The fact of the matter is: medical records are becoming more and more shared between different institutions. One of the local hospital systems near me is buying a $50million system that will integrate all records from the hospital, ER, physician offices, and pharmacies all into a single database so that mistakes in prescriptions don't happen. The other three hospital systems near me are spending an order of magnitude more for even more complex systems.
Very soon (5 year horizon) those databases will be shared with whichever ER or office you go into around the country.
Hopefully the records at your local hospital say that you:
1 - Are not allergic to PCN, just intollerant.
2 - Received Amoxicillin without any side effects.
In your case, the issue is this: If you have an allergy listed to an antibiotic, the treating physician will put it into the electronic medical record. The next time you get an infection, the computer will cross check your allergies before allowing the physician to prescribe an antibiotic to you. The computer will not just disallow penicillin, but also all penicillin analogues (ie: amoxicillin, ampicillin, etc), and all cephalasporins (there's probably twenty or more of them) since they cross-react with penicillin allergies.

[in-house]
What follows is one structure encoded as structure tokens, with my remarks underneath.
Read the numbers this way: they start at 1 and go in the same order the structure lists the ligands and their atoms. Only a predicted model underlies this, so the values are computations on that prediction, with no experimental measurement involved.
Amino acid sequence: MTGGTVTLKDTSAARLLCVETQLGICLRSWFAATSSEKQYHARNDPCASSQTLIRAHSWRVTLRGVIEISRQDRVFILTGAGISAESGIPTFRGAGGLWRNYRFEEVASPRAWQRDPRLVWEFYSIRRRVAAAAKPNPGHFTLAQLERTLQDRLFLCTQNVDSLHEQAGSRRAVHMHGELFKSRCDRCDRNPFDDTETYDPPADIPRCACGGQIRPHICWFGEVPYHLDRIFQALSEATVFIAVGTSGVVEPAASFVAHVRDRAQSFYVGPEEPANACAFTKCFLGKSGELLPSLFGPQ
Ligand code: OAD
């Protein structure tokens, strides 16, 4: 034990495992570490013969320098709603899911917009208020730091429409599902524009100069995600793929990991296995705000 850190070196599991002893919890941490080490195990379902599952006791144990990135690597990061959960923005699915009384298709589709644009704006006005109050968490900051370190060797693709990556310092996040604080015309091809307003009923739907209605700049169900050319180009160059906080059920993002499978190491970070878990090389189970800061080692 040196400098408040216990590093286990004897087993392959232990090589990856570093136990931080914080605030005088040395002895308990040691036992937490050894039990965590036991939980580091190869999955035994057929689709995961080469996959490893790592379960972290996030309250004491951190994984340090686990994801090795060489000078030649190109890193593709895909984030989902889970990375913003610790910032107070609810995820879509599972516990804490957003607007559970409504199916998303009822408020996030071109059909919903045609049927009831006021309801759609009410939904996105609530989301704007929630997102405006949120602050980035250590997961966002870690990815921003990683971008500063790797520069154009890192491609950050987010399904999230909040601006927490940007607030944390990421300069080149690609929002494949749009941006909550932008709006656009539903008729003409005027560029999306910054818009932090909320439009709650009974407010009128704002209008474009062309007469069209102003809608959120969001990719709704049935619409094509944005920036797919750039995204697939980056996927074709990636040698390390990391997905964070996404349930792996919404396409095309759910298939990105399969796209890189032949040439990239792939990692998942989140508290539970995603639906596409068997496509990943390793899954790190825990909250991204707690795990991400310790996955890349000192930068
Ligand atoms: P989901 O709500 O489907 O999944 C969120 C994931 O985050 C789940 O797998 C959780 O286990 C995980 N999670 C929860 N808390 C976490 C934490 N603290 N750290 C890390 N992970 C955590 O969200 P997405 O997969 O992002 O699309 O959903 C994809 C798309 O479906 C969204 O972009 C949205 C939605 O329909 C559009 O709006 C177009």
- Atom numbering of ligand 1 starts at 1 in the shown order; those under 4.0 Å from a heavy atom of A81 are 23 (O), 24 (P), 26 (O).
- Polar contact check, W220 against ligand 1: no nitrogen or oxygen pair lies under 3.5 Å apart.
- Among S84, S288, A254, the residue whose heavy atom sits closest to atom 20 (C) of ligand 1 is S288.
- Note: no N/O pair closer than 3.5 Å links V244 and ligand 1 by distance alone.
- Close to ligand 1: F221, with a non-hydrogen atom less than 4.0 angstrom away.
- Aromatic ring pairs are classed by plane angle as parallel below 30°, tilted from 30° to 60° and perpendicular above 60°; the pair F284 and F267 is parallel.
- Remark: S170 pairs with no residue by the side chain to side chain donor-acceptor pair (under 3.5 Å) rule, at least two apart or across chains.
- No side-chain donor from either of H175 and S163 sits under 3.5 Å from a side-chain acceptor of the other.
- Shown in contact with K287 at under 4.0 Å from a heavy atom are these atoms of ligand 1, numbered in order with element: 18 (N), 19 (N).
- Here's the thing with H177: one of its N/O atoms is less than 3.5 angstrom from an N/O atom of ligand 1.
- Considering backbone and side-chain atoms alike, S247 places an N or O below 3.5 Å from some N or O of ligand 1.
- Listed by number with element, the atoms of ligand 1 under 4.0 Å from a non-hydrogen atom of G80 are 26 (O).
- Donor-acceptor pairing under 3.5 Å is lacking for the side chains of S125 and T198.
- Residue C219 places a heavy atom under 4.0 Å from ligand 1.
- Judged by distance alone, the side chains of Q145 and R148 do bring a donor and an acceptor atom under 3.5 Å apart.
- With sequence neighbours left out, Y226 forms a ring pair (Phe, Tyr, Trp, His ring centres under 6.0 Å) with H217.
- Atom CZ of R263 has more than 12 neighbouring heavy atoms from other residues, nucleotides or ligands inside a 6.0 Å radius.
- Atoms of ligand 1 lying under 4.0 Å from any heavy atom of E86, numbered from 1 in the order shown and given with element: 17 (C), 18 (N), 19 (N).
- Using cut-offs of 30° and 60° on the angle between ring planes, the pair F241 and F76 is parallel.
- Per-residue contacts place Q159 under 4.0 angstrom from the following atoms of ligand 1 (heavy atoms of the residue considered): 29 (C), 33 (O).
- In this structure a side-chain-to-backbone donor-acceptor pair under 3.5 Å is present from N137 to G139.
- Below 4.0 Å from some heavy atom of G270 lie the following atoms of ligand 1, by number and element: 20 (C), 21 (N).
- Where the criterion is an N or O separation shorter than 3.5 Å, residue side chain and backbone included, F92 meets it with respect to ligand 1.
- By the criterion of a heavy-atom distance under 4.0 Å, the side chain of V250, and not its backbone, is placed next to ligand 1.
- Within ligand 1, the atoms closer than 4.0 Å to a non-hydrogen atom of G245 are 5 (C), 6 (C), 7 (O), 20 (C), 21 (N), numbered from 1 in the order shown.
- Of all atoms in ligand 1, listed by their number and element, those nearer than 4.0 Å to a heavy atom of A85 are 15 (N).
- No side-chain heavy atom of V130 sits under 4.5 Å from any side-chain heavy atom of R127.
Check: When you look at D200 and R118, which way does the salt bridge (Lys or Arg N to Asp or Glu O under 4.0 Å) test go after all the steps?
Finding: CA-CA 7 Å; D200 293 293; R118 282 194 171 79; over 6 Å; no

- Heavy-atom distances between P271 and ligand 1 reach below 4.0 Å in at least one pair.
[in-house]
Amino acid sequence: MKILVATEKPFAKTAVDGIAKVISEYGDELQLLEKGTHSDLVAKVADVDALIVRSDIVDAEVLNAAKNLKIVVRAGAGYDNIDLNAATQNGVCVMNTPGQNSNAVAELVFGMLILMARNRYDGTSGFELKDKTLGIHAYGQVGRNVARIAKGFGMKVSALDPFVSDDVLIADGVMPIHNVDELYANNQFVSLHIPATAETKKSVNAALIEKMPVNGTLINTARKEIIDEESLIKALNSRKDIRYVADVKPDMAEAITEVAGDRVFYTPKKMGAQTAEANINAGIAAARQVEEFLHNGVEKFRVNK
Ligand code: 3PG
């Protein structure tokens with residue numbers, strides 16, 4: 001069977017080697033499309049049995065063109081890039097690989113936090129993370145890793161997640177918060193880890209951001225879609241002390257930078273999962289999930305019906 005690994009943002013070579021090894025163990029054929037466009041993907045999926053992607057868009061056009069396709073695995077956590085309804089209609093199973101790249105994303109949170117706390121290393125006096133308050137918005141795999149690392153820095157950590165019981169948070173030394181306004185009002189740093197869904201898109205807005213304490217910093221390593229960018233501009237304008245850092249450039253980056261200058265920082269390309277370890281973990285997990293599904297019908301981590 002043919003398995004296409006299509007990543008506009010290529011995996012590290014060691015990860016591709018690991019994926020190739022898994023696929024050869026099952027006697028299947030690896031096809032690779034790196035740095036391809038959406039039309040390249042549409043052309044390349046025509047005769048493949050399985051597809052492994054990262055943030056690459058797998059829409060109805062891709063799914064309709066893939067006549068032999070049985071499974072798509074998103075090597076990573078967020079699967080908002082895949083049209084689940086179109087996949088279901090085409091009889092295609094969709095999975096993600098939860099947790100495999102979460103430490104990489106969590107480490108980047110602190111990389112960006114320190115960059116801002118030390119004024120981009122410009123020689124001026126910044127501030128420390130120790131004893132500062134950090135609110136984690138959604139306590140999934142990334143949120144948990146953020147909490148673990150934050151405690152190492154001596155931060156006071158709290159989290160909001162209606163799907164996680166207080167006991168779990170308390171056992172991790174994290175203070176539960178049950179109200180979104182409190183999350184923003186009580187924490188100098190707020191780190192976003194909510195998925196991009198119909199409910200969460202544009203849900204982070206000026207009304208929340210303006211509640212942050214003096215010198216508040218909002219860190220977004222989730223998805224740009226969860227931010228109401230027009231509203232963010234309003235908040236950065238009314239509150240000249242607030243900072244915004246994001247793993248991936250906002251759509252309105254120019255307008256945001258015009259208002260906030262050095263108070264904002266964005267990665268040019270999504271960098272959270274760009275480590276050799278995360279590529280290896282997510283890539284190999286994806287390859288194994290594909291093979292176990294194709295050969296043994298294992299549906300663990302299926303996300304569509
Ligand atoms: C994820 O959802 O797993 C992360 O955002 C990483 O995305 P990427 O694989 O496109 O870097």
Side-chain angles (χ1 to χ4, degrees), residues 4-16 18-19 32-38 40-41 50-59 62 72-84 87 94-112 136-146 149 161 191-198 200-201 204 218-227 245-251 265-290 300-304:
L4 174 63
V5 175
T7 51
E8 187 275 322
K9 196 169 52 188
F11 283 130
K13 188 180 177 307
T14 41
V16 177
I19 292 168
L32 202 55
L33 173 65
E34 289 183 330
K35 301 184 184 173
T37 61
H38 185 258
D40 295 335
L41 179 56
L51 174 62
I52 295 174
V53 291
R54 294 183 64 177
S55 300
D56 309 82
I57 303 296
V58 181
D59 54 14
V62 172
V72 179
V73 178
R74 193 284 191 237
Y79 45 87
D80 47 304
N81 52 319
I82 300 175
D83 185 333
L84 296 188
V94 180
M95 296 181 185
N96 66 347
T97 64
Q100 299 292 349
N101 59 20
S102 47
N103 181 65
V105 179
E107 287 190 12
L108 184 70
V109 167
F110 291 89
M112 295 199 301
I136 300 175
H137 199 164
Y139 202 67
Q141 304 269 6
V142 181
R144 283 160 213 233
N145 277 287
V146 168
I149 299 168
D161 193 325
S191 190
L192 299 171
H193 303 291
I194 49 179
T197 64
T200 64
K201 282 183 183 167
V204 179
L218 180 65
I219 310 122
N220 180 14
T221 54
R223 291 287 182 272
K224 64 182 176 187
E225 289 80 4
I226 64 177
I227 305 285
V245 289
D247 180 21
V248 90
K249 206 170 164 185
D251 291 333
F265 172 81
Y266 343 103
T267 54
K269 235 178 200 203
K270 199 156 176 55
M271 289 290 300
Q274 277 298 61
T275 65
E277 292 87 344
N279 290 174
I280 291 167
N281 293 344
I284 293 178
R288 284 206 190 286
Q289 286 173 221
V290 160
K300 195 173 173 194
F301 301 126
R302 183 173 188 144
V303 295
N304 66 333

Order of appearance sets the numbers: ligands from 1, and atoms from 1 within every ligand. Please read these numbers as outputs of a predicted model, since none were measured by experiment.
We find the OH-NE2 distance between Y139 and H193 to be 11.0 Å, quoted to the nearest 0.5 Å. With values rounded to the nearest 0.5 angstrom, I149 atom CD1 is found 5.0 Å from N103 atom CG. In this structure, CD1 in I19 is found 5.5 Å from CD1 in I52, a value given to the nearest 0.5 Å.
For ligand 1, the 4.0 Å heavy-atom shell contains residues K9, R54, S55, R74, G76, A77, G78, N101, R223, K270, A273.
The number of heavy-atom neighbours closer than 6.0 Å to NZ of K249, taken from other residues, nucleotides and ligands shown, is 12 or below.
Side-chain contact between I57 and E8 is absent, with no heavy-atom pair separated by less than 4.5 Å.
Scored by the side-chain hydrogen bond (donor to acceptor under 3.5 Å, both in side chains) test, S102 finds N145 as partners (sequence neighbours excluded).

The one allergy will knock out two entire classes of antibiotics.
On the other side, when you have a documented infection with a bacterial agent, the laboratory will take the particular strain you are infected with and see which all antibiotics the strain is sensitive to. The physician will then prescribe the antibiotic which the strain is most susceptable to, thereby giving you the best chance of beating the infection.
Obviously if you cannot take that particular antibiotic due to a documented allergy (or potential cross-reaction), the physician will have to prescribe something not quite as effective.
There's another problem. People who are intollerant to one medication are generally intollerant to many medications. You have to make sure you don't have a lot of allergies listed or you will end up being treated for an infection with 'big gun' antibiotics with more serious side effects.